Meandering thoughts on Daisy Cousens

I’ll admit it, at the risk of supporting her cause: Daisy Cousens gets under my skin.

It’s not, as she’d probably claim, because she’s a conservative and an anti-feminist. There are plenty of women who hold those beliefs who I consider friends, even if I don’t agree with them.

And it’s not because I’m a snowflake or I’m “triggered”, in her gross misunderstanding of that term. There are plenty of others who write about similar things that don’t fill me with rage the way she does.

No, it isn’t her views that bother me about Daisy Cousens. It’s her lack of seriousness. It’s the fact she’s so open about courting controversy and attention. She shamelessly celebrates the worst of modern conservatism’s impulses while undermining the work of both people she agrees with and those she doesn’t.

So when the Sydney Morning Herald published an article by Jane Cadzow about Cousens and two other conservative women today, my first reaction was to be dismissive. I didn’t need to read about her, think about her any more than I already have (even now, I’m unconvinced that I should be spending precious writing time sharing my thoughts on the piece). My automatic and poorly-considered response was that any attention paid to Cousens was inherently wasted.

But as Amber Robinson pointed out on Twitter that she thought the piece was very good because, and I quote, “Cousens in particular comes off as a complete imbecile”, I had to rethink my response.  She was right, of course. The piece draws stark contrast between the three conservative women. The difference between Cousens and Helen Andrews was clear. I may disagree with almost everything Andrews says, but the fact she thoughtfully considers her views is clear.

Cadzow deftly gives Cousens just enough rope. If there’s one takeaway from the piece, it’s that she’s just not a thinker. She plays the provocateur — a time honoured tradition — without the requisite thought to make her positions in any way insightful. It’s not that she’s my political opponent, it’s that she’s a bad one.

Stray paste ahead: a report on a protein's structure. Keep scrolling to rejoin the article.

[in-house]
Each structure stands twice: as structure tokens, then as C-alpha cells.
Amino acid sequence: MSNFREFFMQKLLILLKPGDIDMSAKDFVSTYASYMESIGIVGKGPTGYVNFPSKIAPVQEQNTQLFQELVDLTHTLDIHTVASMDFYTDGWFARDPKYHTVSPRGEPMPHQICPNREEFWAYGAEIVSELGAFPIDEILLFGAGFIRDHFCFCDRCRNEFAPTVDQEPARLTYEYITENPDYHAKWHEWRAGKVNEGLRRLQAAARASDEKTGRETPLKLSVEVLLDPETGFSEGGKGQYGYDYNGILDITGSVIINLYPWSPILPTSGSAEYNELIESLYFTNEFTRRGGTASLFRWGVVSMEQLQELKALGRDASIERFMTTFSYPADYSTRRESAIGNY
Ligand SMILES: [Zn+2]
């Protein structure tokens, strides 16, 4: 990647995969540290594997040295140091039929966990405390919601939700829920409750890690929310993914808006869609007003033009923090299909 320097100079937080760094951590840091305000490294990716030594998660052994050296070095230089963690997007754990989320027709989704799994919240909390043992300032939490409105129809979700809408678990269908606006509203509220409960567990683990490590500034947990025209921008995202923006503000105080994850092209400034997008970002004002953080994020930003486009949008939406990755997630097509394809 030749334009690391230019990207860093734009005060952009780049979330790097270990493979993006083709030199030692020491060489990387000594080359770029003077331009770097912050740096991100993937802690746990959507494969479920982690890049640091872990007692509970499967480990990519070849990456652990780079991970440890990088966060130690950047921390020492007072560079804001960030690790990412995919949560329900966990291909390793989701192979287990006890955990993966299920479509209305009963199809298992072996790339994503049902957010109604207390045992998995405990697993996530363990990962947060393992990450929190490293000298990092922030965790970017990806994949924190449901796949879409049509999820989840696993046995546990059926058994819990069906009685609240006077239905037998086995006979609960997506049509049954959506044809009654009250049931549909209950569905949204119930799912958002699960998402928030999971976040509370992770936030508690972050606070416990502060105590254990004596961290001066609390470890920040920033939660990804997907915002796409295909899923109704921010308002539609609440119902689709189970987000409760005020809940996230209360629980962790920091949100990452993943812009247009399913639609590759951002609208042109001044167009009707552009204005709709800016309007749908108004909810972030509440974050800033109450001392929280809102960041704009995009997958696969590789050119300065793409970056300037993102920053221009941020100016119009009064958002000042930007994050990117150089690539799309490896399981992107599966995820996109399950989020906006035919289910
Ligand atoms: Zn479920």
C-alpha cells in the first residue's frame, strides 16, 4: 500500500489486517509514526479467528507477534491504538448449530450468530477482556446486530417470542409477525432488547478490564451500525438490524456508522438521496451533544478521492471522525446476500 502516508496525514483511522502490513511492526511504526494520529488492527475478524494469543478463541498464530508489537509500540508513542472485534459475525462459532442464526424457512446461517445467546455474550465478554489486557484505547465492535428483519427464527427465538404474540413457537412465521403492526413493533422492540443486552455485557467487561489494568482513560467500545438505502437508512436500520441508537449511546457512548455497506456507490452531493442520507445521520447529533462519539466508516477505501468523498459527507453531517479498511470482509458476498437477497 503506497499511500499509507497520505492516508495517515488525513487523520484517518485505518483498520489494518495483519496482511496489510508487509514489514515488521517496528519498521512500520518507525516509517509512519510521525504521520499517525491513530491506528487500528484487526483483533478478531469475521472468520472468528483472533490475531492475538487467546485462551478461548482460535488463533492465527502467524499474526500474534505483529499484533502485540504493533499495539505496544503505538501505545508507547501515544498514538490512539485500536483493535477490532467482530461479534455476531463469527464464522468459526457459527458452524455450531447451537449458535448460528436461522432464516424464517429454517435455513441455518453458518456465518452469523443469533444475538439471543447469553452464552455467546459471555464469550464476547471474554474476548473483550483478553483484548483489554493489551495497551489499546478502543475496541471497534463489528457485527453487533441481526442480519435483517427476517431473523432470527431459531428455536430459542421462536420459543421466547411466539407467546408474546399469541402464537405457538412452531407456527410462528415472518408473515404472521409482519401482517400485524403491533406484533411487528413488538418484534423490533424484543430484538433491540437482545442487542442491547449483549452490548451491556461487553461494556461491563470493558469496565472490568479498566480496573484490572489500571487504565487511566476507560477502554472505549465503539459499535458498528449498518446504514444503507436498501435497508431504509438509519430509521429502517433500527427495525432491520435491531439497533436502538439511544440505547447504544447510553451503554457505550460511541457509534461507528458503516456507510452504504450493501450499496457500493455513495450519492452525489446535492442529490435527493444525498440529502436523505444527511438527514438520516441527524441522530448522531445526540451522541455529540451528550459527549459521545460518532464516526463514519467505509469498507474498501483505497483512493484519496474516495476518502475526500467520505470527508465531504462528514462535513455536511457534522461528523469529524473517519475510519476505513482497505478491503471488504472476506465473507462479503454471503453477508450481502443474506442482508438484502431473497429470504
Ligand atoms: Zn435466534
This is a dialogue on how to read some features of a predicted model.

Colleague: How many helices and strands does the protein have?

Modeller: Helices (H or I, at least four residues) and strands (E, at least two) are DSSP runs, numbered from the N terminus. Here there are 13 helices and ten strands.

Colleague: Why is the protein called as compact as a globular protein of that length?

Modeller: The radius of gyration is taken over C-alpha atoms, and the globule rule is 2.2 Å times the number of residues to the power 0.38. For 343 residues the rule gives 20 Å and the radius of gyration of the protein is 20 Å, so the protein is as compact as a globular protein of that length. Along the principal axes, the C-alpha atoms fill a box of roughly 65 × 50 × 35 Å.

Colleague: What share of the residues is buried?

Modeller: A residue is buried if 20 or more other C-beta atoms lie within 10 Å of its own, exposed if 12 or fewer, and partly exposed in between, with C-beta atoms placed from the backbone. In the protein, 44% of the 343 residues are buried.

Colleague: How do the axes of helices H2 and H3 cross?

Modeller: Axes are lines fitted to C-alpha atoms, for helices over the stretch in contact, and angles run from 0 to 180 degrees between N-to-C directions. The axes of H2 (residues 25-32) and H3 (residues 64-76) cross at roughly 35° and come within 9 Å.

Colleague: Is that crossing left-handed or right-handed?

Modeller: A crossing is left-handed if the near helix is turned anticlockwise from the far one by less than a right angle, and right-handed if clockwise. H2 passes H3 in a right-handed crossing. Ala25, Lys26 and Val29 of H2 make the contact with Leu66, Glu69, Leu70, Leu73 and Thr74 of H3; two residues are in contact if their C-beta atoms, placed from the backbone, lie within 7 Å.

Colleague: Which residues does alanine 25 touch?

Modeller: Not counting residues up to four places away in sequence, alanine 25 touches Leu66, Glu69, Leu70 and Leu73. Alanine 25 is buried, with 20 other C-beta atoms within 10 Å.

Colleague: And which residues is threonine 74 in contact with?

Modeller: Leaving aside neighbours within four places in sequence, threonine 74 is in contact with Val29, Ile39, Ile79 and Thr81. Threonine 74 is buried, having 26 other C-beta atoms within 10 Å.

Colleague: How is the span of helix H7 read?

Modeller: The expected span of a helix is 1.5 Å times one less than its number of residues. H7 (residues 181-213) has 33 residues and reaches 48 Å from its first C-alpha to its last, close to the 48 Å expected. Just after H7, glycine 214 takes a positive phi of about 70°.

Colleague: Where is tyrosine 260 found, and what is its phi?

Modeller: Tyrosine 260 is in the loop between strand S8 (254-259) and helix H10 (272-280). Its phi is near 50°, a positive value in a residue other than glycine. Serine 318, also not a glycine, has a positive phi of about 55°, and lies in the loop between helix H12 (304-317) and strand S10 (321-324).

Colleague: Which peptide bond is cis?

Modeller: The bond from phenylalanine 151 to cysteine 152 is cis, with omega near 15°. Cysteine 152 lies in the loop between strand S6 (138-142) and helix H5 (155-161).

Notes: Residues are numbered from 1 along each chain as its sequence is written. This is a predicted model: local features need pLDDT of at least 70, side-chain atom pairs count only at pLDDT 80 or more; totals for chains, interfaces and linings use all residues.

And that’s probably why it enraged me so.

She’s often lumped in with Caleb Bond in the conservative wunderkind category – either ironically or seriously – but  I think that’s unfair to Bond. I think News Ltd do Bond a great disservice by publishing him and that most of what he writes is flimsy, poorly thought-out and easily contradicted, but I don’t doubt his seriousness. He believes what he says. I can imagine him having a serious change of heart when he’s older, in part because I thought similarly to him at his age, with similar levels of conviction, and now I disagree fiercely.

I should take a brief minute here to note the fact I know this whole complaint comes from a position of MASSIVE privilege. I am white, upper-middle class, cis-gendered, I am in a straight relationship, I have a child who I stay at home with most of the week in our house with a backyard in the suburbs, while my partner gets the train to work at his job.

I get to quibble with the things about Cousens that I find irritating because who I am is not fundamentally threatened by her and people like her. In fact, my life is probably closer to the conservative script of how you’re “supposed” to live than many actual conservatives.

Actually, you know what? I should just shut up now. There’s no point explaining the rest of my feelings about Cousens because, again, my life is not fundamentally attacked by her and people like her.

She can fully inhabit the role of the Manic Pixie Dream Fascist. She can treat all that as a joke and play the ingénue and think being young and pretty means getting a pass on doing the hard work of thinking critically about what you believe, but that’s far less of a problem than what she actually says. What she says offends me, but it doesn’t affect me* like it affects other people.

The real affects of what she and others with similar beliefs have on other peoples’ lives is by far worse than her posturing.

And now I’ll be quiet.

*”There’s a difference between what offends people and what affects people” is a Kellyanne Conway quote. I have been thinking about it a lot lately because I think it’s really important.

Choice, abortion, motherhood

Yesterday, I published an article on the ABC about how International Women’s Day — a day that is supposed to celebrate women — rarely makes room for women with caring responsibilities. I received lots of wonderful responses from women who felt the piece reflected their experiences. I also received this email, which I would not share except that it give me a reason to talk about something I’ve been thinking about for a while.

dear ms riley